Customers and clients will feel much more comfortable writing a check or making a payment to a company instead of a person.
Some clients might flat-out refuse to make payments to non-business accounts.
A business bank account lends your business an air of credence and promotes your image.
Individual account terms
Depending on your specific bank’s terms and rules of use, you may not be allowed to use a personal account for business activity.
Your account could be closed if your bank notices you are using a personal account for business expenses, especially if you are making a lot of large financial transactions.
Very often, business accounts might come with special features as a means to entice entrepreneurs to start companies. Some banks might offer free periods as a means to encourage small business activity, or they may offer in-credit interest on any current balance.
Since banks have an interest in business account owners succeeding, they may offer mentorship services where experienced investors and financial experts help new business owners navigate corporate territory. Some banks may even offer workshops for business owners to learn more skills.
Choosing the Best Business Bank Account
The first thing you need to do is figure out what your business needs.
Do you make a lot of daily transactions or payments?
Then you probably need to look for an account with low or no transaction fees. Finding an account with low fees can save hundreds to thousands of pounds every year.
Do you typically keep a high balance on your account?
Then it might be a good idea to look for an account with in-credit interest.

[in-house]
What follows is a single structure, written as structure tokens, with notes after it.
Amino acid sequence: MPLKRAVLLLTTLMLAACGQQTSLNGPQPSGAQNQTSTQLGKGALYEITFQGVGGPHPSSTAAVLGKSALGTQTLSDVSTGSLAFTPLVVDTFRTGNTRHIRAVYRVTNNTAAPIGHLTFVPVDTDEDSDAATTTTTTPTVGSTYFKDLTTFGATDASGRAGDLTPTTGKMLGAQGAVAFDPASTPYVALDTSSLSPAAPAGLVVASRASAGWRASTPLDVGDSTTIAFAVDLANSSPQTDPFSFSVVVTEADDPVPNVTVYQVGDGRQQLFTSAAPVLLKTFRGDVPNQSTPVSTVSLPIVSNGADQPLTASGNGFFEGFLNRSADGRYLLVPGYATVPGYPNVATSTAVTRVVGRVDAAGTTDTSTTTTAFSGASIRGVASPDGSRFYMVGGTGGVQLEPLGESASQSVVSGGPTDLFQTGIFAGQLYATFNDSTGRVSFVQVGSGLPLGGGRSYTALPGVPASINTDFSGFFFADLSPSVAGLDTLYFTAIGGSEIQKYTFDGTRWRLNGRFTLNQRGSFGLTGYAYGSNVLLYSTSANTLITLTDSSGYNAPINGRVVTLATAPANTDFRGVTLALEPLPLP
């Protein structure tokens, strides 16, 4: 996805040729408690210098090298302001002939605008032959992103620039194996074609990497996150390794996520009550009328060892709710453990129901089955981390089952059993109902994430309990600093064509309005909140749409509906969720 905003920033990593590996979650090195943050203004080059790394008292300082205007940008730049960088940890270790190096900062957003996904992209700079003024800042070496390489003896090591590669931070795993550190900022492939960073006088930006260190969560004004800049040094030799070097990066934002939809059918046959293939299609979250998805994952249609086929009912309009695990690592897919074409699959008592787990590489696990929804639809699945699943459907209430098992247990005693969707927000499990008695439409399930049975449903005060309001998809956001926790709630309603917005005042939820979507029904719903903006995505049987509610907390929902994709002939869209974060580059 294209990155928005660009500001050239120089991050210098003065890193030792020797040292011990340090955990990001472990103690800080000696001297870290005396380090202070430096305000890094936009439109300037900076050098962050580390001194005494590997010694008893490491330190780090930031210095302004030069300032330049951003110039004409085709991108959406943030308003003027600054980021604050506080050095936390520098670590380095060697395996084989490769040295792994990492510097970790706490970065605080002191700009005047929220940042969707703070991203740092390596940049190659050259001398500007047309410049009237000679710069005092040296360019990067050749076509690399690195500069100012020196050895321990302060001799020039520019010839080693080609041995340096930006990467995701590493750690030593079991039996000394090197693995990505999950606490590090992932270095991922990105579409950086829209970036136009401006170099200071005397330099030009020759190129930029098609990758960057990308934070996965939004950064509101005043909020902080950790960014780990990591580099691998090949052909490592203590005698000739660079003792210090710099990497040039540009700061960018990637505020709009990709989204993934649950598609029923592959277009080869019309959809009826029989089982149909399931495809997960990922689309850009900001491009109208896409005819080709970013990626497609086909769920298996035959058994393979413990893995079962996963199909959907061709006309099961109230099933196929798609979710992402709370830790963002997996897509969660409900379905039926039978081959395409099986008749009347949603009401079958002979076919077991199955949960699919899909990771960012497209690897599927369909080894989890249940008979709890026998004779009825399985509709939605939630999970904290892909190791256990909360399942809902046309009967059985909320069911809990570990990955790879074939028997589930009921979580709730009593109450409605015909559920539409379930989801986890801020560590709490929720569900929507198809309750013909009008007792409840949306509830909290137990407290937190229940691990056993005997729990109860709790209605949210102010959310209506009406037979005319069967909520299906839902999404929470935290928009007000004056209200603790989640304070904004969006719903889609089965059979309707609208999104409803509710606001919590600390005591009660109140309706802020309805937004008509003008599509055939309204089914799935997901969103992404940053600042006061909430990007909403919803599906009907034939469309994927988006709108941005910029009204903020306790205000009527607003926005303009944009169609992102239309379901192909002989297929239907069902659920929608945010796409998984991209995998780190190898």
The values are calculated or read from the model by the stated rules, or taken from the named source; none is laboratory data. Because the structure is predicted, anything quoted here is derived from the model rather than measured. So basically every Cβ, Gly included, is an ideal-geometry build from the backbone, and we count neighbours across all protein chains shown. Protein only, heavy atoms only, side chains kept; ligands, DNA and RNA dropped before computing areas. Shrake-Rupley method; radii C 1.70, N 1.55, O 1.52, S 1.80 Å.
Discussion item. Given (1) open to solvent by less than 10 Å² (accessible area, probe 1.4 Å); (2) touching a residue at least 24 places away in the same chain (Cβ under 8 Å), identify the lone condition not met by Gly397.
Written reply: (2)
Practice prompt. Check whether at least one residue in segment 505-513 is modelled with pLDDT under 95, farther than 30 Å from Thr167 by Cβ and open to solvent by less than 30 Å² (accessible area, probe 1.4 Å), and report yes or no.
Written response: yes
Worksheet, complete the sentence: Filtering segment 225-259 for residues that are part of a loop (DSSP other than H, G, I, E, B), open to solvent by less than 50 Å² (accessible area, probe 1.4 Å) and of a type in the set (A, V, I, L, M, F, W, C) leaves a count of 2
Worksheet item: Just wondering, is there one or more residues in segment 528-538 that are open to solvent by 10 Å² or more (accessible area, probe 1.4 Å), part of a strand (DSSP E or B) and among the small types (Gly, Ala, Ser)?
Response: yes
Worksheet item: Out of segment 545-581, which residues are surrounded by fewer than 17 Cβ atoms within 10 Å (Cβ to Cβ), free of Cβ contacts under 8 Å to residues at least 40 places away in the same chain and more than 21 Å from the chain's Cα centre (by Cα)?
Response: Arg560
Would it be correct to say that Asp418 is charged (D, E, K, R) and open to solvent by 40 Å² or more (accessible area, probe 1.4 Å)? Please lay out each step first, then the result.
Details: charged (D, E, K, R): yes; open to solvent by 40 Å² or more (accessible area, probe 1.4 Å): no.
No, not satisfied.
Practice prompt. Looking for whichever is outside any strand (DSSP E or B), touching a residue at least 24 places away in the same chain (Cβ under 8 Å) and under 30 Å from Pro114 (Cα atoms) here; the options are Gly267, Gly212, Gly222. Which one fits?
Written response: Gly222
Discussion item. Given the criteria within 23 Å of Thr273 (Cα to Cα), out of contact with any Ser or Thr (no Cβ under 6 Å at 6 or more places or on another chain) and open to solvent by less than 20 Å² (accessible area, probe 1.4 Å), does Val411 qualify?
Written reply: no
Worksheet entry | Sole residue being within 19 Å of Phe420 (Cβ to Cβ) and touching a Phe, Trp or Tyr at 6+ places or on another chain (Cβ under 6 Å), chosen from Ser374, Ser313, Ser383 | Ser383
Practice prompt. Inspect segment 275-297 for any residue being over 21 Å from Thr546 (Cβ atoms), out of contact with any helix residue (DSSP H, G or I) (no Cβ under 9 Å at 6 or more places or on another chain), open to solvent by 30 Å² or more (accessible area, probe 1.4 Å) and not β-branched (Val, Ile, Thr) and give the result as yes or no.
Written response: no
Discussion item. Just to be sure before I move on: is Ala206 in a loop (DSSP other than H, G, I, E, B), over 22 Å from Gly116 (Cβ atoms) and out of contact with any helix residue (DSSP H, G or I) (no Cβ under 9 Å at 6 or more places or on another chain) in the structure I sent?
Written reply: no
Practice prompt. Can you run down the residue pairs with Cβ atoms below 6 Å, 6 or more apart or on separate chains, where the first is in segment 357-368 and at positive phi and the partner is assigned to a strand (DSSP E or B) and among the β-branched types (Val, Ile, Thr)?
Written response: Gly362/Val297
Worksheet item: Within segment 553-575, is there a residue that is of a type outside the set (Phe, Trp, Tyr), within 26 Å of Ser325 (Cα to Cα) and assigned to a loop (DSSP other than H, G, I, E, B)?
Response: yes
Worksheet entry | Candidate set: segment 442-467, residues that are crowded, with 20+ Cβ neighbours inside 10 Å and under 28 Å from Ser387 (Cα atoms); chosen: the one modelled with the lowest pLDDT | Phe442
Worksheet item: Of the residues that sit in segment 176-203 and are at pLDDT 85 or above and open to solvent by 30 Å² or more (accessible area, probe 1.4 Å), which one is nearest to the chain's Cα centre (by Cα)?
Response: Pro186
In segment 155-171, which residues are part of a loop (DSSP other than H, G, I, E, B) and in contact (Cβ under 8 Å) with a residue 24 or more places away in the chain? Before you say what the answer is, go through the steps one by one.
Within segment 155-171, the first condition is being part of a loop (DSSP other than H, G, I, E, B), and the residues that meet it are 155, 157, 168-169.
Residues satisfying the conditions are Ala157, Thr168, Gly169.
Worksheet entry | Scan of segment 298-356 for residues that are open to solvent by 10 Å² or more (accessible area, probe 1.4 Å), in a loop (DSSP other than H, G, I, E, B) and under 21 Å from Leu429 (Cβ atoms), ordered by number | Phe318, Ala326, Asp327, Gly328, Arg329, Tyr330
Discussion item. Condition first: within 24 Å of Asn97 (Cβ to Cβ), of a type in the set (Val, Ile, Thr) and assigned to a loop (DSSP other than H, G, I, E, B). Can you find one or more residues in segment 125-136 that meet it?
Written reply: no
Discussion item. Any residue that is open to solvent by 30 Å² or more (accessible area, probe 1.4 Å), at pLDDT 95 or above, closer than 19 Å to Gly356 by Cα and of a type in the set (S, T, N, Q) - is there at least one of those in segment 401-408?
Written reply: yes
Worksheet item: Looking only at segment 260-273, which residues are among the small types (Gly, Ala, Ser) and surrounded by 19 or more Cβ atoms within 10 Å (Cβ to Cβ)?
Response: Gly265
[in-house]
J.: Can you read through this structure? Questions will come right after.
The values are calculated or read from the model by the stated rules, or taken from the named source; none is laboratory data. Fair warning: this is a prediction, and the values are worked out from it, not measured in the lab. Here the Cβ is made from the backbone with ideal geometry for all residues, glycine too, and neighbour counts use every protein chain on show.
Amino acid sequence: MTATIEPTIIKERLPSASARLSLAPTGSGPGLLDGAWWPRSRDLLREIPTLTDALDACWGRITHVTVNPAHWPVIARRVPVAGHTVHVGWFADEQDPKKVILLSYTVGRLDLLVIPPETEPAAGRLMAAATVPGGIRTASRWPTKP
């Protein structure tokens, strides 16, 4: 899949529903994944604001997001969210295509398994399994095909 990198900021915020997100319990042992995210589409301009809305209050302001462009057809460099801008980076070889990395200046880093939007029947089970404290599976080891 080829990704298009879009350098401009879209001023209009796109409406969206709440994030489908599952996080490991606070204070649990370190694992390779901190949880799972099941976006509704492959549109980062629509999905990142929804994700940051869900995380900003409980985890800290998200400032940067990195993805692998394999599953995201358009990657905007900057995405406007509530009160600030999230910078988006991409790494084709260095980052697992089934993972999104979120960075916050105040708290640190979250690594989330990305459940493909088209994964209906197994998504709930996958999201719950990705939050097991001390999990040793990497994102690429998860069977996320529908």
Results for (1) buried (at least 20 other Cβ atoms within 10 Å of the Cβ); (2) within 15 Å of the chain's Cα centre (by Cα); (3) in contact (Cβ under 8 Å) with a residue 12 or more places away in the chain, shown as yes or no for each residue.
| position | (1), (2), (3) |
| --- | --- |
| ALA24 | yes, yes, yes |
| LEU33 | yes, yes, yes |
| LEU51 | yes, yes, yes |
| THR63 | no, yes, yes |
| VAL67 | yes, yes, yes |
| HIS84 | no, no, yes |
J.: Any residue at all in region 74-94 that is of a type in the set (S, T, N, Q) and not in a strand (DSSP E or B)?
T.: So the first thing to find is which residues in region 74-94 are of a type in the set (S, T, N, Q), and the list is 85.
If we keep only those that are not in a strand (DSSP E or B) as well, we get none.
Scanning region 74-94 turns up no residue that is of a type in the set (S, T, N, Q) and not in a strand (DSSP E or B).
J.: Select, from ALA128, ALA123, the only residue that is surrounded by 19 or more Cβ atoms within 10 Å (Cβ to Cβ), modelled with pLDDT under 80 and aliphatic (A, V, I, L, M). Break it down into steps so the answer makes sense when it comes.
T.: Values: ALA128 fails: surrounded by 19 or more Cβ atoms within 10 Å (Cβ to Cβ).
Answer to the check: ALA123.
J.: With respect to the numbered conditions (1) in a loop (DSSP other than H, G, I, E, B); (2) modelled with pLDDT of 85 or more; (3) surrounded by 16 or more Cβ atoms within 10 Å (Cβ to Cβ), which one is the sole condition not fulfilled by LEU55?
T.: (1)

In-credit interest is rather low on most business accounts though, so it might be a good idea to look for an account that compensates high balances in another way.
Alternatively, if your business incurs a smaller amount of large payments, then it might be a good idea to look for a business account that has no deposit limits or fees.
Keep in mind that accounts usually count transfers from third-party apps like Paypal and Stripe as normal deposits.
Whatever you decide, your business bank account should let you deposit cash and checks in-bank and should let you make cash withdrawals from ATMs and cashier’s check if you need them.
The general strategy is to find an optimal ratio of benefits-to-expenses that helps your business grow.
Also, make sure that any bank you open an account with is covered by the Financial Services Compensation Scheme (FSCS).
The FSCS will insure deposits in accounts in the event that your bank becomes insolvent. That way you will be protected from any losses.
There is also the option of online banking for business accounts.
Most physical banks nowadays have an online component but there are more solely-online focused banks too. Online banking usually has lower fees and better interest rates as it cuts out a lot of the costs banks incur from processing transactions.
Online banking is convenient, has very lower transfer fees if any at all, and is just as secure as regular banking.
How to Open a Business Banking Account
The exact steps to open a business bank account differ depending on the bank.
In general, you cannot open a business bank account online and you will have to go to an in-person meeting with the bank.
You will likely have to present proof of ID, proof of address, contact details, company house registration number (if you have one), and credit history.
Once you go to the meeting, your application will be processed and a decision will be made. If you are approved, you can use your bank on a day-to-day basis.
You don’t have to big a big company to benefit from a business bank account. Business accounts can help you keep expenses organized, allow easier tax calculation, and provide an air of legitimacy to your firm.
Opening a business bank account is the perfect way to advance your business to the next level.